The second approach, however, we're also very enthused about. It's a little more risky, but we think it shows great promise for developing a pipeline of such agents. As I mentioned before, we think that the real culprit here is the accumulation of fat in the muscle cell. So we've been thinking about ways to take muscle cells and put them in culture and load them with fat and, again, screen molecules or even genes to see if any of those molecules or genes are able to reduce the amount of fat in a muscle by burning it away. At the same time, if they are able to do that, we look to see whether they increase mitochondria and other signatures of training.

We'd run both of those strategies in parallel in order to identify new targets for new drug therapies. This would be aimed at the broad expanse of the obese population at risk for insulin resistance and diabetes, and maybe even for those where the insulin resistance and diabetes had already ensued.

Dr. Smith: So these new therapeutic targets could produce drugs that could be used in a variety of different disease states. You mentioned some of these -- obesity, to get people activated and energized for being able to exercise, all the way to detraining after surgery and these sorts of things. Tell us about some of the other indications for which the exercise in a pill might be useful.

Dr. Kelly: This is another fantastic question, and it's something that we talk about quite a bit. The sky is really the limit when you start thinking about muscular disorders.

Right now, we are facing a very high-volume problem in obesity and diabetes, but if you think about some of the other types of conditions, aging itself causes problems in muscle. It's interesting that some individuals seem to have the aging process hastened in the muscle for whatever reason. There are a number of genetic disorders, such as muscular dystrophies, that may end up benefitting from activating the training response in muscle.

I had mentioned a little bit about soldiers in combat and other detraining scenarios, and one of the really interesting scenarios to think about is the loss of gravity, the microgravity effect that one would experience during space travel. Obviously, we're not at that point right now, but it is, of course, still envisioned that, either for research purposes or ultimately for other types of purposes, there will be quite a bit of space travel, and one of the big problems has been a detraining effect in muscle.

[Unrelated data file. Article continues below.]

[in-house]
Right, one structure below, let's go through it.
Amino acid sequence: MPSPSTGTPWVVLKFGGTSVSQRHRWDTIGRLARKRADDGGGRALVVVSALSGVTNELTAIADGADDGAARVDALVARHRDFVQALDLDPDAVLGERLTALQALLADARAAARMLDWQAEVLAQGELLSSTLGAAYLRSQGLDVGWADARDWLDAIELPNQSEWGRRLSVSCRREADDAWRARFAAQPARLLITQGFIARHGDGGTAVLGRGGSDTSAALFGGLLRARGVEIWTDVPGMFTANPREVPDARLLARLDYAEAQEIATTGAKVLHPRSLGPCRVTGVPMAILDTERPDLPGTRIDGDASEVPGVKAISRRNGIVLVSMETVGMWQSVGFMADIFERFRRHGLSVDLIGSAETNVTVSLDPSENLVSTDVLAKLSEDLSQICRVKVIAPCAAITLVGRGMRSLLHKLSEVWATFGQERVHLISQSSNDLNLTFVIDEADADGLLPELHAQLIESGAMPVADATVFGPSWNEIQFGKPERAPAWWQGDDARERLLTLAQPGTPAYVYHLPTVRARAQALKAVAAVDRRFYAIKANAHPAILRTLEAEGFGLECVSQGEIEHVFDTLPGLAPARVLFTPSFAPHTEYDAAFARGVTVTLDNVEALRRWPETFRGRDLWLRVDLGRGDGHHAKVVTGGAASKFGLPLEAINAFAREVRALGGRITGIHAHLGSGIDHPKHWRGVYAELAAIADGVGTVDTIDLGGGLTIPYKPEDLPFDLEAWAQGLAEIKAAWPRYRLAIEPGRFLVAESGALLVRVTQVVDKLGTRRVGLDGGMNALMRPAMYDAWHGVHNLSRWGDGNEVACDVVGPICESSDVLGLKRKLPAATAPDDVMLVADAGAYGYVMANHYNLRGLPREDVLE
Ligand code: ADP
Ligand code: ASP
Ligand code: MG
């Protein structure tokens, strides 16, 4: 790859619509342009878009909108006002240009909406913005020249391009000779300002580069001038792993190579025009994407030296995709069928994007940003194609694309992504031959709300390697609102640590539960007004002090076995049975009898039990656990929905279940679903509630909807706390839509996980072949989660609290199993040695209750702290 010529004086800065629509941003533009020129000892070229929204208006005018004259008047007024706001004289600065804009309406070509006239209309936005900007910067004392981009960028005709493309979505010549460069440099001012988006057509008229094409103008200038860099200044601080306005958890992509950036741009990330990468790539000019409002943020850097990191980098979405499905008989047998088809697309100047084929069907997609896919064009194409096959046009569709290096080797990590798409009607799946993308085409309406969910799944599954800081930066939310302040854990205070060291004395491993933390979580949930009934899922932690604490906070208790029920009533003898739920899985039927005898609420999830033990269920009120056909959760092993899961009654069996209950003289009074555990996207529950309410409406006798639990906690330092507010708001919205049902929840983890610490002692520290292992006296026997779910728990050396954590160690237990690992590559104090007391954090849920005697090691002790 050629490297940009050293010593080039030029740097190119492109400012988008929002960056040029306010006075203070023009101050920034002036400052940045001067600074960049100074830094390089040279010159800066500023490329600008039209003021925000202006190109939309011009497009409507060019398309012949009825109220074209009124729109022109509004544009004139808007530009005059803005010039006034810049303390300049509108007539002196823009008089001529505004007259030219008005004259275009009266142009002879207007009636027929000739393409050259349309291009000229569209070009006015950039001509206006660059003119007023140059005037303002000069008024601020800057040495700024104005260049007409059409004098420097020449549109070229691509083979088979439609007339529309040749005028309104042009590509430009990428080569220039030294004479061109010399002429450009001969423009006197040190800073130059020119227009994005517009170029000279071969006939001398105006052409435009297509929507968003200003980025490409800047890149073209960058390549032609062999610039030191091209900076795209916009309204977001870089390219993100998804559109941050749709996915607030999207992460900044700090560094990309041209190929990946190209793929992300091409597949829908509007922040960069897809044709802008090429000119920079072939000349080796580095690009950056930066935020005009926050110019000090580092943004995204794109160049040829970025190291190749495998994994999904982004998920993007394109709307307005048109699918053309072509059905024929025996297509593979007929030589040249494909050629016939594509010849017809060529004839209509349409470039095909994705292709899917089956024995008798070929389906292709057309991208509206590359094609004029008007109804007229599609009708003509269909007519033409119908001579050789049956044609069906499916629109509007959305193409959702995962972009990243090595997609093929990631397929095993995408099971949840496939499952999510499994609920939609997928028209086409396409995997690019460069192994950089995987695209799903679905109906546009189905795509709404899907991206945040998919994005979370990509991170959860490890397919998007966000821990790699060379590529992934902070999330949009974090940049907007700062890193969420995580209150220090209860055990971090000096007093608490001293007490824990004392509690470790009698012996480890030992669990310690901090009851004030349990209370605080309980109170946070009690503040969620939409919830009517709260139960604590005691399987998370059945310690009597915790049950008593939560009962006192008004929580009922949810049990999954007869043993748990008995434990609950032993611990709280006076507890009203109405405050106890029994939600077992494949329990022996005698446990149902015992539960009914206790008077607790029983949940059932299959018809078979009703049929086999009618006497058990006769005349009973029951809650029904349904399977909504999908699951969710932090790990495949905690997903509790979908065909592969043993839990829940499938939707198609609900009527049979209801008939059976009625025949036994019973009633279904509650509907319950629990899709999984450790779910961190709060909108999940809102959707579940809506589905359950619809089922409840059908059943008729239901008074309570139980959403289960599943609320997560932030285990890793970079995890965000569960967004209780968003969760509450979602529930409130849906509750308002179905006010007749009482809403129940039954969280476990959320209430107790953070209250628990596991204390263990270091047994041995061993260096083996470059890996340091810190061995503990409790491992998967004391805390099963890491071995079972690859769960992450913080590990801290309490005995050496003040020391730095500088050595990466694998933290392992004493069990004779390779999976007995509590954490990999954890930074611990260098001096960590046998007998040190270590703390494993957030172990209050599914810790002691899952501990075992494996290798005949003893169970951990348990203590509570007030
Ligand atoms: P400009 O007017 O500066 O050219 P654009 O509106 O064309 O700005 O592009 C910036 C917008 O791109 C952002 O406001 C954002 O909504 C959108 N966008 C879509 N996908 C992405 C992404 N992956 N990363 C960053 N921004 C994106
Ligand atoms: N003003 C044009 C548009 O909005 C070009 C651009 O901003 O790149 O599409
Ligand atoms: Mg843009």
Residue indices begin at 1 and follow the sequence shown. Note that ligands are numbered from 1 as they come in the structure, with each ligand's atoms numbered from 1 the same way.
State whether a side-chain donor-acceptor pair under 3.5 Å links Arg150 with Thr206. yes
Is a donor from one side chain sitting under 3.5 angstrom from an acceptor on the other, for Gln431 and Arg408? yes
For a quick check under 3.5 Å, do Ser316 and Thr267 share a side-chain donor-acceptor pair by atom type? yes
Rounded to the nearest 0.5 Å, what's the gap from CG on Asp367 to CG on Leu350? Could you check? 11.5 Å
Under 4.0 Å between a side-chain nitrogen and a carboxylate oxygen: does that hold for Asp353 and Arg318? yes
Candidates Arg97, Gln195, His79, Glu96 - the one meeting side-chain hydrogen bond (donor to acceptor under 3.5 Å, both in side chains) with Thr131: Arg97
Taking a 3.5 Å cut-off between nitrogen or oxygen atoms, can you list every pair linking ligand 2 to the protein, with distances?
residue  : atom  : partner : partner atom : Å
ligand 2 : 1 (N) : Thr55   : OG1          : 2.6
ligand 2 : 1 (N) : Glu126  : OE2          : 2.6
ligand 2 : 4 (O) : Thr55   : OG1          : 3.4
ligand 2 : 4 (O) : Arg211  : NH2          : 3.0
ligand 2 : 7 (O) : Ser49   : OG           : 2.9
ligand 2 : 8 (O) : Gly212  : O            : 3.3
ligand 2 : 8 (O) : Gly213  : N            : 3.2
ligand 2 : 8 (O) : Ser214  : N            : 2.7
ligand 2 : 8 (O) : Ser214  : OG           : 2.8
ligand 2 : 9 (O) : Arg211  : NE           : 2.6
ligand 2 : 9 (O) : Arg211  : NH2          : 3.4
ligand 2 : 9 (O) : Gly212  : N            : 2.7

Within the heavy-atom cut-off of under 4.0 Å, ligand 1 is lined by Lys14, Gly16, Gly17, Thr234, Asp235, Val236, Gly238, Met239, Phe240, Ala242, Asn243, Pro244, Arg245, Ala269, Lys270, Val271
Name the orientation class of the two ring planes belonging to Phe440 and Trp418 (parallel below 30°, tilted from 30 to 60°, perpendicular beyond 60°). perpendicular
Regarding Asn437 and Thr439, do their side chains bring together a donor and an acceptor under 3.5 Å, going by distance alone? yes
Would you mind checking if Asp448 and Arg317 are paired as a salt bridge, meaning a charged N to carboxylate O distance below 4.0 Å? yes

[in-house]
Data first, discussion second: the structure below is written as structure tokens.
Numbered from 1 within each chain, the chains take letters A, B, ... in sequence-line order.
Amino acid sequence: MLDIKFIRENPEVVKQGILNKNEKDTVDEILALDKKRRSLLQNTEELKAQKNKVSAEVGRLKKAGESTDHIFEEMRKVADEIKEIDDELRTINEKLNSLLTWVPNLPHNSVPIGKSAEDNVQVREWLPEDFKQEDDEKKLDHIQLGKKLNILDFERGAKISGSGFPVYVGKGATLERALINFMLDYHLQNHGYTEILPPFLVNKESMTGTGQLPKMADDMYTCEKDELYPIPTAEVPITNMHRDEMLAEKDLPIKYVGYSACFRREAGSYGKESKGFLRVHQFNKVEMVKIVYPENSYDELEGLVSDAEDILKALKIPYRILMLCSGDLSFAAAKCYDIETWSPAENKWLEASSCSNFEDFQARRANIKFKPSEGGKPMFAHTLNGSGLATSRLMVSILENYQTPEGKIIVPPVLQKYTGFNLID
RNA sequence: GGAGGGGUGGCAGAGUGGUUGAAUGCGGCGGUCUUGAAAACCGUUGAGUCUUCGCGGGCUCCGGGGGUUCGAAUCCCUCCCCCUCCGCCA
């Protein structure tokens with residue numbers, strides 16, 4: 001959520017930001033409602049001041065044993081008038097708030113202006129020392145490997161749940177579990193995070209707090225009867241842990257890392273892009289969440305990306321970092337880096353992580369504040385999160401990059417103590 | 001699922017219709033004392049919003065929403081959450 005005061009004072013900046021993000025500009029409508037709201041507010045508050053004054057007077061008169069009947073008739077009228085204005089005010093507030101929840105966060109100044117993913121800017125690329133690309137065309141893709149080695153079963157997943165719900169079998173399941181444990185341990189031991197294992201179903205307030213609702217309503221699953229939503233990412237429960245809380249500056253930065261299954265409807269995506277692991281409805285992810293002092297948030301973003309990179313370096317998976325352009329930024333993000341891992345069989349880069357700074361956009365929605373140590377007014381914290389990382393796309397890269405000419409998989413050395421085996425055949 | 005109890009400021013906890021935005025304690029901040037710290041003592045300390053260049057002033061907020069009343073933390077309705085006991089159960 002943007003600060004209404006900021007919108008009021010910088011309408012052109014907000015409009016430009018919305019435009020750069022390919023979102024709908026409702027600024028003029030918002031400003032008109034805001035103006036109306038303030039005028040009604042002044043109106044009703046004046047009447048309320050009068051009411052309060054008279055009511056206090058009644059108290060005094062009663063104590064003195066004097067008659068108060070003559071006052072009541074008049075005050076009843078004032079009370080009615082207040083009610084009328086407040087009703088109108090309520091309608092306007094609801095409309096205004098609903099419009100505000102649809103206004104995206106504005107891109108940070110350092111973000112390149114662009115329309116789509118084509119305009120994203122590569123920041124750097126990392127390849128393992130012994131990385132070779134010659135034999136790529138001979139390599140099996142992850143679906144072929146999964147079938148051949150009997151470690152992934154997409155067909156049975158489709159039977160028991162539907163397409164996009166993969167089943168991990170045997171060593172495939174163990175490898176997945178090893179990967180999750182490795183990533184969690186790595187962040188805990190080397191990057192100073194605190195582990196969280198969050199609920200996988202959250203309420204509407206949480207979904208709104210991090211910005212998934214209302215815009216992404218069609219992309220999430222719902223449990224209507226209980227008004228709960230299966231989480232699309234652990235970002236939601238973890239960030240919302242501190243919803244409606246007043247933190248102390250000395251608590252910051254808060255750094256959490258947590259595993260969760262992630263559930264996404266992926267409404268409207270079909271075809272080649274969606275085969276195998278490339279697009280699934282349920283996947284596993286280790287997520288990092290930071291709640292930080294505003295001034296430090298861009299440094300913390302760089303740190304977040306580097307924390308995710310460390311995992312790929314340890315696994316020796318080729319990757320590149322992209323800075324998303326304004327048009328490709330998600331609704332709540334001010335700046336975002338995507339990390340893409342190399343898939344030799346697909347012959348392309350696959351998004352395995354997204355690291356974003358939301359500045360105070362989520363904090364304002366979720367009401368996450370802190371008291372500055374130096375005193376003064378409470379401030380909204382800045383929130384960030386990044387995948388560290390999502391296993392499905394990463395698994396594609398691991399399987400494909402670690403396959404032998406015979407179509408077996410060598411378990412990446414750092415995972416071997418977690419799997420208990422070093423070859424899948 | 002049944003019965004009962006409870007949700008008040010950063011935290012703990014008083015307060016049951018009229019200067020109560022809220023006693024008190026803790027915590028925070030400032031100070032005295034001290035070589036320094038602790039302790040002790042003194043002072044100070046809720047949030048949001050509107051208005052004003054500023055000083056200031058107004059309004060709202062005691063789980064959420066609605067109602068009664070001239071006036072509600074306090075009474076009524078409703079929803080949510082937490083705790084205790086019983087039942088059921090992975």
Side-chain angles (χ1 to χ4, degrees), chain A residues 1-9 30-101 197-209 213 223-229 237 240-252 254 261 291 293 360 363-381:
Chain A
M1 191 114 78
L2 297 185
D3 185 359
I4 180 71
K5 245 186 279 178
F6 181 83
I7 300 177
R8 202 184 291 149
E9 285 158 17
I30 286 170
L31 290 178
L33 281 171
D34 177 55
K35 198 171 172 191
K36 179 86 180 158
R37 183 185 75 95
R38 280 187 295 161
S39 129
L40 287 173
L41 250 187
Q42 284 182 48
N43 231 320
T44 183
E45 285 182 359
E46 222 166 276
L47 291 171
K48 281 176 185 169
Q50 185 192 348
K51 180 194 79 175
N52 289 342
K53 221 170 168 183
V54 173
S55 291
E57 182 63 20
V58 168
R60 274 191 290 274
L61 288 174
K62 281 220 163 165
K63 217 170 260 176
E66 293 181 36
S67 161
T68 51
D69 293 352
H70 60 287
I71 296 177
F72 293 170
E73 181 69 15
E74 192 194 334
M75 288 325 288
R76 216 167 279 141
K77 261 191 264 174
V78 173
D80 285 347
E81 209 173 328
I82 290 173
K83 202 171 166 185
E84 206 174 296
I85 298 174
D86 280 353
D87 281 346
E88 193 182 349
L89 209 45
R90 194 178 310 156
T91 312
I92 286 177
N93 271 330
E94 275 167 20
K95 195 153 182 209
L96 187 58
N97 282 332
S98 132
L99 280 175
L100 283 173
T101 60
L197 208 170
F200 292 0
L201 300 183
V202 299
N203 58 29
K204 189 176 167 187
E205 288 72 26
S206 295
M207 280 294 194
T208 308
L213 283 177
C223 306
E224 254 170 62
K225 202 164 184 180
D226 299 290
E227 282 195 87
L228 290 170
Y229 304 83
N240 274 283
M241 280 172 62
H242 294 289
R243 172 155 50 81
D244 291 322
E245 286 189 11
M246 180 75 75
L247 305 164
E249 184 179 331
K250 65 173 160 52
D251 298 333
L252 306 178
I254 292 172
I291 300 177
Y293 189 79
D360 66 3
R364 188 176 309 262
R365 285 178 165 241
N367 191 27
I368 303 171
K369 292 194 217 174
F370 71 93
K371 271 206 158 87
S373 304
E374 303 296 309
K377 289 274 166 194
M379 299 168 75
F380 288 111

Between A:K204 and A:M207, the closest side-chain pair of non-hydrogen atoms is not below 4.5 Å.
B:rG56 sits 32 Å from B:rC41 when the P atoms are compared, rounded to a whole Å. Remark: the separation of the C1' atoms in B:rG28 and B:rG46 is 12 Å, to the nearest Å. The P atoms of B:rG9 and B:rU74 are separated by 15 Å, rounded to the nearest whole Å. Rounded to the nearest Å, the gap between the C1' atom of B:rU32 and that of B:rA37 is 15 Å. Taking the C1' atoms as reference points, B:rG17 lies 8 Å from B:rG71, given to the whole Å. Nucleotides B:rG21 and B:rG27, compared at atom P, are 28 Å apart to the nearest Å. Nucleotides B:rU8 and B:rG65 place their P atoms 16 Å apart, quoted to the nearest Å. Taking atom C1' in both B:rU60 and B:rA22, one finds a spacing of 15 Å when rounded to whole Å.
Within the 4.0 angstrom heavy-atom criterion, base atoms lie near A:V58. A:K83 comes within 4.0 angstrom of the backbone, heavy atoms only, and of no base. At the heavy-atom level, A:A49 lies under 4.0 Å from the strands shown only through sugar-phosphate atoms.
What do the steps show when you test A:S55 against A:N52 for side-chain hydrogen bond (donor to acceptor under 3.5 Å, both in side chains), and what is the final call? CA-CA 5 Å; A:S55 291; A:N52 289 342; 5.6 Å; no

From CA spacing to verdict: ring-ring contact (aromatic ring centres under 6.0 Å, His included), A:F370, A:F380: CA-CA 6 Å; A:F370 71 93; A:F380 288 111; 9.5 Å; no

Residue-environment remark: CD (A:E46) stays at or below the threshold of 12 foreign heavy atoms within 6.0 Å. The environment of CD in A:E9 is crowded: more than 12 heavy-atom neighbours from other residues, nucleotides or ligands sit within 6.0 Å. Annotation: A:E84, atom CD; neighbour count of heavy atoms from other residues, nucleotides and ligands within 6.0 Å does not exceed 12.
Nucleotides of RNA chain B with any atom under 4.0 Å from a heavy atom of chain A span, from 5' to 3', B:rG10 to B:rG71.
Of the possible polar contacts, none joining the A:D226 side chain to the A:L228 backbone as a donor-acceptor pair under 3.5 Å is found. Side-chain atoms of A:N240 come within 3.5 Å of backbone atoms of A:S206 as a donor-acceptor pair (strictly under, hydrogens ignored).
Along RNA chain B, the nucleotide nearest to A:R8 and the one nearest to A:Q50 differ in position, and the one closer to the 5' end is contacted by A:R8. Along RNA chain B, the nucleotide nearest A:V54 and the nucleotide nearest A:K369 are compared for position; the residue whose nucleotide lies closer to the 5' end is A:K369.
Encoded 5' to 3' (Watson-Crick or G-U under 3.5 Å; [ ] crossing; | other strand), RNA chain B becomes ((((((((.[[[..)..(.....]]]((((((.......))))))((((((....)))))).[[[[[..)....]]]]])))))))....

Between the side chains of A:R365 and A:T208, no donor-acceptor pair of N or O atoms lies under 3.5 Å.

As you've mentioned, recovering from injuries or even the chronic illnesses such as cancer, where the cachexia of cancer also results in very significant muscle problems.

Dr. Smith: But all of these approaches would target the muscle, right? Is this a muscle-specific therapeutic approach, or are there other organs? How do you see this? Is it muscle-specific or are we looking at other mechanisms as well?

Dr. Kelly: I'm glad you asked that because we've started with muscle for many of these studies, but, as you know, we're very interested in the heart and other organ systems. We have begun to take some of our positive findings in skeletal muscle and move, for example, to the heart. In many cases, the heart has benefitted from the therapies that we've identified, the potential therapies --

Dr. Smith: So it's like exercise-training the heart then? It's the same idea.

Dr. Kelly: Exactly. I should mention that the fat accumulation that we see in muscle is also true in the heart in the obese and diabetic population,[14] so whether we call it detraining or whether we call it heart failure, we would really like to come up with a therapy that would hit multiple organ systems, burn away fat, and enhance function.

Dr. Smith: So what are the next steps? What can clinicians look for in the next couple of years? Tell us where we should be paying attention, particularly in terms of the literature for this kind of work.

Dr. Kelly: We should look for additional proof-of-concept studies in humans. A number of studies have shown a correlation between lipid accumulation and mitochondrial dysfunction in muscle and insulin resistance. Indeed, work has been done by a variety of different scientists, and physician scientists have indicated that the mitochondrial dysfunction and the fat accumulation has its own vicious cycle.[2] So the clinicians should look for studies that will be popping up in humans for more proof of concept that when lipid accumulates, mitochondrial dysfunction occurs. This will be done with very sophisticated spectroscopy approaches and others looking at mitochondrial function at the same time that it's monitoring accumulation of lipid and skeletal muscle.

After those types of studies, or in conjunction with those types of studies, there will be studies aimed at intervention on the lipid itself to see if, when it's reduced and burned away, we see an enhancement of mitochondrial function and skeletal muscle function in general. Again, we have some of those early studies in the literature,[15] but I would anticipate that there will be many different kinds of approaches in this regard -- some approaches directed at the skeletal muscle and some approaches directed at other tissues to pull the fat away.

Dr. Smith: It's a very interesting topic, Dr. Kelly. Thank you for being here today and participating in this program.

We would both like to thank you for joining us today. I hope you will join us for additional programs in the Developments to Watch series on Medscape.